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Thursday, June 4, 2015

Tomorrowland 2015 * * Stars

TomorrowlandDirector: Brad Bird
Year: 2015
Rated PG
Rating: * * Stars
Cast: George Clooney, Britt Robertson, Hugh Laurie

In the late 1990's or early 2000's, I read that George Clooney seemed bent on being pickier via his upcoming projects (after Batman & Robin, who could blame him). He has in fact, stayed true to this notion for most of the way. However, with The Monuments Men and another misguided mishap in 2015's Tomorrowland (my latest review), the Cloonster isn't being pickier. Now he's just "picking".

Directed by Brad Bird (The Incredibles) and featuring plenty of green-screen overload, "Tomorrow" is a sci-fi threadbare that seems too complex for its own good. It's being promoted as a kid's movie mind you, a Disney movie. But there's too many thoughts and ideas coiled up here to facilitate even 130 minutes of running time. The pace for what its worth, is dictated on characters who bicker, fight, and talk rapidly. This is for all intensive purposes, to thrust the story along. What a travesty. Honestly, if I was a budding ten year-old, I'd probably exit the theater halfway through the second, combative act. Could it be that my inner brat is trying to get out and break free? Oh you know it.

With injecting humor that is uncomfortably tongue-in-cheek (more like tongues bitten right off), enough cartoonish, PG-rated violence that is manageable, and a showcase of steely-eyed contraptions that would make Inspector Gadget jealous, Tomorrowland has a structure that is predicated on two flashbacks (one long and one short). The proceedings chronicle young Casey Newton (Britt Robertson). She's the daughter of a NASA engineer, a curious science nut, and after finding a pin that transports her to a futuristic borough (just think of 'Tomorrowland' in the same vein as The Emerald City from The Wizard of Oz), well she's tapped to save the world. In order to succeed, she aids in the help of an inventor who's already taken in the sumptuous scenery (Frank Walker played by George Clooney) and a robot that doesn't age over five decades (Athena played by Raffey Cassidy who gives the film's strongest performance). As the three renegades come together, the only obstacle standing in their way is another inventor who eventually becomes governor of 'Tomorrowland' (David Nix played by Hugh Laurie). He's content with our world frolicking in natural disasters, calamities, and civil disorder. This dude can see into the future and it don't look too bright.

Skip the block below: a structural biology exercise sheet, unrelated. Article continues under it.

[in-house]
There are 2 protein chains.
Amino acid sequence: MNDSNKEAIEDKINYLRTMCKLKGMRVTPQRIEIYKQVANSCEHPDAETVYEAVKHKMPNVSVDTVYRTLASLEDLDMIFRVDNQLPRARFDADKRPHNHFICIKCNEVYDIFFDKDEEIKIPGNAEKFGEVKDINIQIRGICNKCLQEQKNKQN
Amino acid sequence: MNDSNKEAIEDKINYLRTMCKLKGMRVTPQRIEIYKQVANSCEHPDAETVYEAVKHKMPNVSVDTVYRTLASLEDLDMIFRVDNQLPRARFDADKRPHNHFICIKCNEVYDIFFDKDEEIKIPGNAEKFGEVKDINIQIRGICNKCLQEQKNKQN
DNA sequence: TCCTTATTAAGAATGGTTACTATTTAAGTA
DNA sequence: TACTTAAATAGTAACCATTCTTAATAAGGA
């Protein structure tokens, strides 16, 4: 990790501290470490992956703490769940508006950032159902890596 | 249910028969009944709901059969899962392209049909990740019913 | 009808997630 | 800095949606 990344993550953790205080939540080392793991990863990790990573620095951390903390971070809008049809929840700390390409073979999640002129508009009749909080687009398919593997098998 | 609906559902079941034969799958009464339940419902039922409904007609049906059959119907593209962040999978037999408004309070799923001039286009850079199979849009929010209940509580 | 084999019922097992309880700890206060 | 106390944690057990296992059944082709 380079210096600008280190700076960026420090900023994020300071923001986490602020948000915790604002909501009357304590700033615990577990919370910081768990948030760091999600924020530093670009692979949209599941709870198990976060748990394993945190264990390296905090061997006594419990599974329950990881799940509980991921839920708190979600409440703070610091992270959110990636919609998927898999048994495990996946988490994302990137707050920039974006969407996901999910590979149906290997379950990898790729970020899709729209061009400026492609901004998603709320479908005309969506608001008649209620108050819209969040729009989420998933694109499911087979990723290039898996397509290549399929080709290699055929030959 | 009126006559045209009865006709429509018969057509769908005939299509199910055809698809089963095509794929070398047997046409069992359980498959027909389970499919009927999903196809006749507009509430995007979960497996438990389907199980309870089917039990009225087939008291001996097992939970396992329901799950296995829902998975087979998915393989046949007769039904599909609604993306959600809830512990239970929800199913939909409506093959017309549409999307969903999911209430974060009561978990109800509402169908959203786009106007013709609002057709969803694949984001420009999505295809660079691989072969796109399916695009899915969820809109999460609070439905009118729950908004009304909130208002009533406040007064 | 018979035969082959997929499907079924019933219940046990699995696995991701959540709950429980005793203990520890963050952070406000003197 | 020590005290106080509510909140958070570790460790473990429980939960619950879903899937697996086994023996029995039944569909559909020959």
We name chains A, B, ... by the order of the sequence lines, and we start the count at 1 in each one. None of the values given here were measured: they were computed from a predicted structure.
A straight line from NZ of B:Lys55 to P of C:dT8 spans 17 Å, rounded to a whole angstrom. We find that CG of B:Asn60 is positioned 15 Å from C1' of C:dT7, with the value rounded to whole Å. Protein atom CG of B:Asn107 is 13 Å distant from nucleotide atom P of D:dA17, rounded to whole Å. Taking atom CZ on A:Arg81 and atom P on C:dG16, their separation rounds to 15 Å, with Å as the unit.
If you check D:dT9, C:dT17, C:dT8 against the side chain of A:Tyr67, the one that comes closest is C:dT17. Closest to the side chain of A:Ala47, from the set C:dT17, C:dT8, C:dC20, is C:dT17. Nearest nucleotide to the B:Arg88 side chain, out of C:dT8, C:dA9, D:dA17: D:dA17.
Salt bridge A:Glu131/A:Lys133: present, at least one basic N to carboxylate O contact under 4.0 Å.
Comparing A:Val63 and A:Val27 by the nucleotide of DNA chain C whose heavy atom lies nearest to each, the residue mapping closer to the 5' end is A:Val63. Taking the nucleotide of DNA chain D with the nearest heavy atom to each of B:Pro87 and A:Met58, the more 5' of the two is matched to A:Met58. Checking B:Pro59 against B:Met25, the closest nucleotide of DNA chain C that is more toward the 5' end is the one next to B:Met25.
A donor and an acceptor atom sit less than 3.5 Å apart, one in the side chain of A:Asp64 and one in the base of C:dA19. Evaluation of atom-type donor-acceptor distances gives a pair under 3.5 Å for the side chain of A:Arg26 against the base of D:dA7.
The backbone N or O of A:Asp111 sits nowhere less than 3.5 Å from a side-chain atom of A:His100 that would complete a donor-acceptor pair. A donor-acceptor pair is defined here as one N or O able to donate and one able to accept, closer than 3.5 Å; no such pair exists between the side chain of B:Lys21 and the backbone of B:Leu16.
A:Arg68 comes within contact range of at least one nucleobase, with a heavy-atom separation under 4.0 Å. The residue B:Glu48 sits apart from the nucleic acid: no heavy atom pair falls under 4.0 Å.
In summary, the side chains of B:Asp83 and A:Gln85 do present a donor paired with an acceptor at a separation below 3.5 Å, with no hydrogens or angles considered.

Now in terms of the acting, the leads are standardized in bringing their characters to life. It's the smaller roles and bit parts that come off as incredibly laughable. Anyway, Britt Robertson plays Casey Newton with a ton of overacting and reacting. After the final credits rolled, I realized that she's the closest thing to a female Shia Labeouf. Hollywood will probably embrace this and give said starlet more top billing. Does that mean I'm okay with it? Not really. But it doesn't matter because I don't have any say in the workings of Tinseltown. Then we have of course, George Clooney. He channels Frank Walker with a side of grumpy, a side of gruff and grizzled, and plenty of obligatory, Clooney head tilts. He looks bored but at least he looks bored and restless at the same time. That's a step up. Finally, we have Hugh Laurie playing the villainous David Nix. Listen, I think Laurie is a heck of an actor. What I don't get is why he would agree to spout such farcical soliloquies contained in "Tomorrow's" script. His speeches about the so-called "end of the world" and such feel more like acts of grandstanding than ploys to move an audience. And don't you just wish he'd don an American accent this time instead of using his normal, British one (that's just a personal preference for me)?

Bad lectures and Shia Labeouf cloning aside, "Tomorrow" is the type of ragtag conundrum that harbors a big budget ($190 million). It's strained Spielbergian and I predict that it might not find its audience after opening weekend. I mean yeah it is somewhat visionary but its vision is also kind of skewed. Granted, this could almost be 2015's version of Dune or Wild Wild West (I have opted to call Clooney's latest, the "Tinkertoy" movie). And I might as well say this: Two instances could have occurred during production. The first one could of involved an inebriated David Lynch wandering on set and whispering something into director Brad Bird's ear. The second one could have revolved around Bird emailing the Wachowski siblings for secretive consultation. You know I'm kidding right. Or am I?

All in all, Tomorrowland may have tip-top intentions and stilted aspirations. But it's mauled over with a preachy shtick and a little bit of manhandled cynicism. In one fell swoop, it settles in the "land" of the grandiloquent. The result: 2 stars.

Written by Jesse Burleson

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